Q & A

From Illinois

Question: Our department just imposed a mandatory two traffic stops a day on all patrol deputies and patrol sergeants. This directive has been titled Traffic Safety Initiative. The two traffic contacts, as they are called, will be defined by the submission of the racial profile form as well as a citation or written warning. Is this just a fancy way of having a traffic quota system?

Answer: This sounds like a quota to us. Some states have laws prohibiting the issuance of ticket quotas. You should definitely check whether Illinois is one of those states. Also, on the few occasions on which it has arisen, quotas have been held to be a mandatory subject for collective bargaining.

From California

Question: If a person is told that they were number one on a promotional exam, but were not going to be promoted due to sick leave usage, is that a violation? We accrue sick leave as a monthly benefit under our MOU.

Answer: The general rule is that, absent a provision in a memorandum of understanding or collective bargaining agreement to the contrary, an employer is allowed to take sick leave use into consideration in making promotional decisions. The employer’s consideration of sick leave, of course, must comport with the Americans With Disabilities Act, which requires that such a consideration be “job related and consistent with business necessity.”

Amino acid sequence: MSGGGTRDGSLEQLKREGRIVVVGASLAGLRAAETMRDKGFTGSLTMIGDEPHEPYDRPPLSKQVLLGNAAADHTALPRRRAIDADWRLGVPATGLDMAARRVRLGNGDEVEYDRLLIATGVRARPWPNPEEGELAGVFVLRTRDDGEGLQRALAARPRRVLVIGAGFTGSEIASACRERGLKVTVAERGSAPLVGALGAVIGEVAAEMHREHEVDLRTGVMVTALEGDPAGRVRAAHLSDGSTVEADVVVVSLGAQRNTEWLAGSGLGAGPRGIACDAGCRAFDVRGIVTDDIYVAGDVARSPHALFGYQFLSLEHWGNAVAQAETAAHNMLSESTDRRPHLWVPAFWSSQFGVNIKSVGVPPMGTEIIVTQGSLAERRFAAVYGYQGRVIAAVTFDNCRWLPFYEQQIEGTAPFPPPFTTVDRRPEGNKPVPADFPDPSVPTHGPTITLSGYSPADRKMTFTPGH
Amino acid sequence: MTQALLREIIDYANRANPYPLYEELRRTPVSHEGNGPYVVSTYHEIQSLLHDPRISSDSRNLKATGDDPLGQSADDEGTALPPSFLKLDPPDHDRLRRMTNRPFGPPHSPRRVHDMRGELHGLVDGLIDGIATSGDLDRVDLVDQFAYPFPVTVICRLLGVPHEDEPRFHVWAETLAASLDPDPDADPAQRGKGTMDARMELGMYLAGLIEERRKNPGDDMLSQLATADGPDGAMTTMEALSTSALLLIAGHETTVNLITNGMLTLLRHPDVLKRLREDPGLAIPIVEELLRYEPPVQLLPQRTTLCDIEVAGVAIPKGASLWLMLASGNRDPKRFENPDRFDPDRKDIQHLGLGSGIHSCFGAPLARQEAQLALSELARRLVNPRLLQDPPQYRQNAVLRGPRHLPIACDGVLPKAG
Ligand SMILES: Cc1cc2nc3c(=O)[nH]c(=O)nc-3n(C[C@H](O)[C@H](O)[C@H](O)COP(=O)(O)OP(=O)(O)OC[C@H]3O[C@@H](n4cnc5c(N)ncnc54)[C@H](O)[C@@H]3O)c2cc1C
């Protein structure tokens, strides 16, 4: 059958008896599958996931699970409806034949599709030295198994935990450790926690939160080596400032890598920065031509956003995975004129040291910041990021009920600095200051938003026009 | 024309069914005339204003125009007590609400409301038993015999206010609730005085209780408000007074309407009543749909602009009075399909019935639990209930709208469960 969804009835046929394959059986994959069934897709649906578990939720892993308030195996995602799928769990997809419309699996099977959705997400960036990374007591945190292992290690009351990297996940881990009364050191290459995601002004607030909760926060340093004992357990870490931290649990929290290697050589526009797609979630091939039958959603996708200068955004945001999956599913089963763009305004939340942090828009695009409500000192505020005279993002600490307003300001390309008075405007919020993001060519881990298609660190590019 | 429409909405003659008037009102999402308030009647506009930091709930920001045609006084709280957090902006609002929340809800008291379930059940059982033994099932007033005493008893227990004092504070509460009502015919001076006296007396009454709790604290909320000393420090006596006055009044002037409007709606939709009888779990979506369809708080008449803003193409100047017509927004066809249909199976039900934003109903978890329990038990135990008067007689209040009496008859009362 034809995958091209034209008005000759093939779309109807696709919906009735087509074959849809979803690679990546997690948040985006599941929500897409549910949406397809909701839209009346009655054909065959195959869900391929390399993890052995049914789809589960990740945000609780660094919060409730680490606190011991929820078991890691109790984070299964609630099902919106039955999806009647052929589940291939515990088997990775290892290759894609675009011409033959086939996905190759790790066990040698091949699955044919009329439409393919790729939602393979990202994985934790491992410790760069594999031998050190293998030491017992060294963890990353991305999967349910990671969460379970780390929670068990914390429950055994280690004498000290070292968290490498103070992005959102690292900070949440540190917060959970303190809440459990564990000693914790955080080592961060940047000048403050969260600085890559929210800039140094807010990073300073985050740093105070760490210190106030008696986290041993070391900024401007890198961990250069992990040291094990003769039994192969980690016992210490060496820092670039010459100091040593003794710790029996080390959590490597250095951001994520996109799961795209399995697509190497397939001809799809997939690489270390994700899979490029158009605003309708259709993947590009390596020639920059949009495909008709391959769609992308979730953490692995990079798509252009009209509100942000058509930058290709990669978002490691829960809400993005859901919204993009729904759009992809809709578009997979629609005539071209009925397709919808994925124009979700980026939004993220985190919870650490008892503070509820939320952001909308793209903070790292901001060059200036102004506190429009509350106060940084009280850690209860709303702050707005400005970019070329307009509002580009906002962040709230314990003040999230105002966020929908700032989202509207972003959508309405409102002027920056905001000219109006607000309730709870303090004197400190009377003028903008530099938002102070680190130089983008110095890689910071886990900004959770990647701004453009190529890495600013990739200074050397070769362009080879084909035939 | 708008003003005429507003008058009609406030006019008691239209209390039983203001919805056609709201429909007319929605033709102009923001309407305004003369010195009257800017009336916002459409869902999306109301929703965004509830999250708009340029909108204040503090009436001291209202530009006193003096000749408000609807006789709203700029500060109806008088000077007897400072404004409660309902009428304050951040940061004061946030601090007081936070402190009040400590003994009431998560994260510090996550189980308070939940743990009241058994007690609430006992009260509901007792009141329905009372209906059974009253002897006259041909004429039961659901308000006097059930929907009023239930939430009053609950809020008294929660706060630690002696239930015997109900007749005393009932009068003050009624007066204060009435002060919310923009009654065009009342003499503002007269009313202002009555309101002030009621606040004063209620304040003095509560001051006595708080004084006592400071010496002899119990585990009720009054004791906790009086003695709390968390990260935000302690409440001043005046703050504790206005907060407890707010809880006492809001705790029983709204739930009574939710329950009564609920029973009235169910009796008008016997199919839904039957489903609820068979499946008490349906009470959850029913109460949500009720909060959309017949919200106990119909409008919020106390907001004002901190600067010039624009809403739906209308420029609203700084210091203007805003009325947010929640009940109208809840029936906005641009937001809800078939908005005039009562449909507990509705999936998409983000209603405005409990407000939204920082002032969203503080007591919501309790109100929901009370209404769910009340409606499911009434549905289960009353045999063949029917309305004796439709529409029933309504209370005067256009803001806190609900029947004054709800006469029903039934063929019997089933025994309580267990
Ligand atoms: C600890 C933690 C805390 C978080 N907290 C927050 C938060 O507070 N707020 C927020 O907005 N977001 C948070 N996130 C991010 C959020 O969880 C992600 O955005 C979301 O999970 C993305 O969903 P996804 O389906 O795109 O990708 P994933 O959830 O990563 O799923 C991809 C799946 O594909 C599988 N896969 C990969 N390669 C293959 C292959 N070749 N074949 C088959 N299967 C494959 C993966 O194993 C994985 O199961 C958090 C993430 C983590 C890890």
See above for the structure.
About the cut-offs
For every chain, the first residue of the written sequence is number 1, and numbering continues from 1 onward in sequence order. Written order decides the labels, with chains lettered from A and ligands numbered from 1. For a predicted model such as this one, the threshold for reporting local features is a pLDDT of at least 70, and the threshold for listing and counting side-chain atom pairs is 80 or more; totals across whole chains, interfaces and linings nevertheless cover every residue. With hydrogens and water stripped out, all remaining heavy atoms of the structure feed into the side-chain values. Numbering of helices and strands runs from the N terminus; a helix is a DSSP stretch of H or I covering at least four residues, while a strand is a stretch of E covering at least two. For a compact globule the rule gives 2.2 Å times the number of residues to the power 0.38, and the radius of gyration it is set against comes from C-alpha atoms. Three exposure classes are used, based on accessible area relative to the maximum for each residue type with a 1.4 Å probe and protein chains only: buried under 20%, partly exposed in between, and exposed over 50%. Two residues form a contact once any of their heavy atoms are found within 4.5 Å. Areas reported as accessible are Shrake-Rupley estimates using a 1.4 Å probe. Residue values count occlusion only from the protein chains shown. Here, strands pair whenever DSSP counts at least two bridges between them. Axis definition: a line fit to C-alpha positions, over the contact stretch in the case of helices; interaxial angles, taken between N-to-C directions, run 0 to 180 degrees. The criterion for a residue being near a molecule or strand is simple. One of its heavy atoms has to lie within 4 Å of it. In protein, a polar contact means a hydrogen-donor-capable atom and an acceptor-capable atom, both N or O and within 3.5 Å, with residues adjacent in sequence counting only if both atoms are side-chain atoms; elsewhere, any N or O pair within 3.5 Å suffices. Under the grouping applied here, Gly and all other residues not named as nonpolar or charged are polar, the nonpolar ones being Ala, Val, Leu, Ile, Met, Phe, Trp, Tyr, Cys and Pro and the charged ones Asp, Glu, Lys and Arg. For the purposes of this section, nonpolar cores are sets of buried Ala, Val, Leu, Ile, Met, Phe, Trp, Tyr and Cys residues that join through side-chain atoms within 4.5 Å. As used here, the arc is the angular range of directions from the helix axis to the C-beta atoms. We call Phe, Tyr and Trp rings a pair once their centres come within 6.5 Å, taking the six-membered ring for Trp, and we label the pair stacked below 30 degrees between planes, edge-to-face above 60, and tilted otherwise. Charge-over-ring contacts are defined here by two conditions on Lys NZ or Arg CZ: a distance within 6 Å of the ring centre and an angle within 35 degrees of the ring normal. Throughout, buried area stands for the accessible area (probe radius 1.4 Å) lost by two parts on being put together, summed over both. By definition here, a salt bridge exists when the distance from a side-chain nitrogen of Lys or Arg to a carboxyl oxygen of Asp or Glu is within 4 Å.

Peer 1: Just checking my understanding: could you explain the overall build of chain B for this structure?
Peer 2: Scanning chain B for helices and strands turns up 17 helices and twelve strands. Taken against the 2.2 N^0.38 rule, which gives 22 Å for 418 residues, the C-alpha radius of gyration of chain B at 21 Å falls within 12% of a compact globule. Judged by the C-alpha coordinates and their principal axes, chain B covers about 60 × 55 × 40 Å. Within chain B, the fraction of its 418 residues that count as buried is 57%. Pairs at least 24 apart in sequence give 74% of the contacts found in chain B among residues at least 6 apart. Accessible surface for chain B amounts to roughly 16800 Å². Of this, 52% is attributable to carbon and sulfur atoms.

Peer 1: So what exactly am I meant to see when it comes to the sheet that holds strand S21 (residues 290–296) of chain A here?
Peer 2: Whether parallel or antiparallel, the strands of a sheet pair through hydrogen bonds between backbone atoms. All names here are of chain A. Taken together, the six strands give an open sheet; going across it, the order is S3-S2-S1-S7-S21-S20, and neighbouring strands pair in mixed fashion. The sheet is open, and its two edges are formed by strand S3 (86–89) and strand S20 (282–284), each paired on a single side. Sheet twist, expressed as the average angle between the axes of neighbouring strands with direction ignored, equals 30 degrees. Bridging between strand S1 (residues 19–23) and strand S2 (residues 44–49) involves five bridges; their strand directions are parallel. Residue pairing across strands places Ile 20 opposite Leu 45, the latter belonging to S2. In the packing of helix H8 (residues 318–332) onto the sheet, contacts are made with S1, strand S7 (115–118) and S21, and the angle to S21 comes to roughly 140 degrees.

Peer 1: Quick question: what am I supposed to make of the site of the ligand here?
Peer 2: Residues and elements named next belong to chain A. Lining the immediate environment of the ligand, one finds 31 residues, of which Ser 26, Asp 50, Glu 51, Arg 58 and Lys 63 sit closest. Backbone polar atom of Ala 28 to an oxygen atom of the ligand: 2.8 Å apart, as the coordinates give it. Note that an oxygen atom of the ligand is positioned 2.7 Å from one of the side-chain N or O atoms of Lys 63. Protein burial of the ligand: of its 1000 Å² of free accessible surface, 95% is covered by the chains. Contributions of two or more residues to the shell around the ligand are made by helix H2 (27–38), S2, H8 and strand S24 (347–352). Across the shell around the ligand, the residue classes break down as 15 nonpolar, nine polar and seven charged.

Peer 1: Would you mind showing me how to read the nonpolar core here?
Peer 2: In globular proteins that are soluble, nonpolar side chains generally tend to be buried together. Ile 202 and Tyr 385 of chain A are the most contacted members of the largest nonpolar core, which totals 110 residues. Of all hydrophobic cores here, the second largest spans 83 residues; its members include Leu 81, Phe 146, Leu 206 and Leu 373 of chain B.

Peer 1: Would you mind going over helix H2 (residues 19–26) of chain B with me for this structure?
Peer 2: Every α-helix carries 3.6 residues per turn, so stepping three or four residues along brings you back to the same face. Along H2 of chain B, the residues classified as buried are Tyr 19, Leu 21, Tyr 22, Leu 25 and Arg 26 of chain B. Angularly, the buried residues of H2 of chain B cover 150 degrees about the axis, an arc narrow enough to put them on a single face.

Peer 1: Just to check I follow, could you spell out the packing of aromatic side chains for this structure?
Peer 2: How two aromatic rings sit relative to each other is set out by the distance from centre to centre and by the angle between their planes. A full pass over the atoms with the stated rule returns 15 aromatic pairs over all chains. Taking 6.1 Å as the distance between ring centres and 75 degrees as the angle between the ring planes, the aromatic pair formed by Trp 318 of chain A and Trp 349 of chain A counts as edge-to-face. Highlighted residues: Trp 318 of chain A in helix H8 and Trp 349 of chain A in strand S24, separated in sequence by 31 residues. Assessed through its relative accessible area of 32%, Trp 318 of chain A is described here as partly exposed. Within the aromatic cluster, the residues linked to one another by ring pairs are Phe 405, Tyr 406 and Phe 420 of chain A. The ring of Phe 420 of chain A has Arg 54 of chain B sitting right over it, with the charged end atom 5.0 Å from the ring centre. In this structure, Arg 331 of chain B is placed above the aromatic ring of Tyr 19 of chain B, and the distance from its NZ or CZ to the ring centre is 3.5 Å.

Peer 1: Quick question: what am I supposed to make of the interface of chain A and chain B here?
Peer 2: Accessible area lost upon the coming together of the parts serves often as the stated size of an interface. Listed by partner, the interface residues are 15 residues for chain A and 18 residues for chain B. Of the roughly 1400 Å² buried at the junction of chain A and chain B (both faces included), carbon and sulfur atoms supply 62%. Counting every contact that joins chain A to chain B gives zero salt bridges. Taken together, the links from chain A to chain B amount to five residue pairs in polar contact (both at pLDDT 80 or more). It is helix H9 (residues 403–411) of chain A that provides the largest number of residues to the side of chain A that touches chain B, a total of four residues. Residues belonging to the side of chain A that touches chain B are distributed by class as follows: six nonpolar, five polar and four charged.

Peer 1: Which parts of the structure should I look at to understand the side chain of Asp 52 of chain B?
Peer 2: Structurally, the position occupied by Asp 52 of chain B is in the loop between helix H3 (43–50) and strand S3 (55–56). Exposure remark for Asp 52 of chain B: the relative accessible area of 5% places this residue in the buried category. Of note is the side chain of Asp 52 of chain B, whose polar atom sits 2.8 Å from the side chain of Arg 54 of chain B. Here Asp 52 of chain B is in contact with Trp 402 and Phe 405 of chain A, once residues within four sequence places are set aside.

From Wisconsin

Question: I recently had my third child. We are allowed to carry ten days of comp time and have been able to use that towards pay supplementation while on Family Leave. I used comp time for my first two children and now the Department says comp time cannot be used to supplement pay under Family Leave. I am the first officer that this is affecting. Two questions…Can they not allow comp time to be a benefit used to supplement pay? Can they refuse to allow me to cash out my 80 hours of earned comp time (thinking that I would just take unpaid FMLA and then cash out some comp pay)?

Answer: We see several things wrong with the employer’s position here. First, you indicate that you work for an employer that collectively bargains. Issues concerning family leave and compensatory time off are fairly universally treated as mandatory subjects for collective bargaining. As such, a change in practice could not occur without the employer first bargaining over the issue.

Moreover, we think it pretty clear that the employee has the right to “substitute” (in the lingo of the law) compensatory time off for unpaid family leave under the FMLA. Finally, if the compensatory time off was earned under the Fair Labor Standards Act in lieu of cash compensation for overtime, we doubt that an employer could restrict the use of comp time in the manner you describe without violating the FLSA as well.

This article appears in the May 2007 issue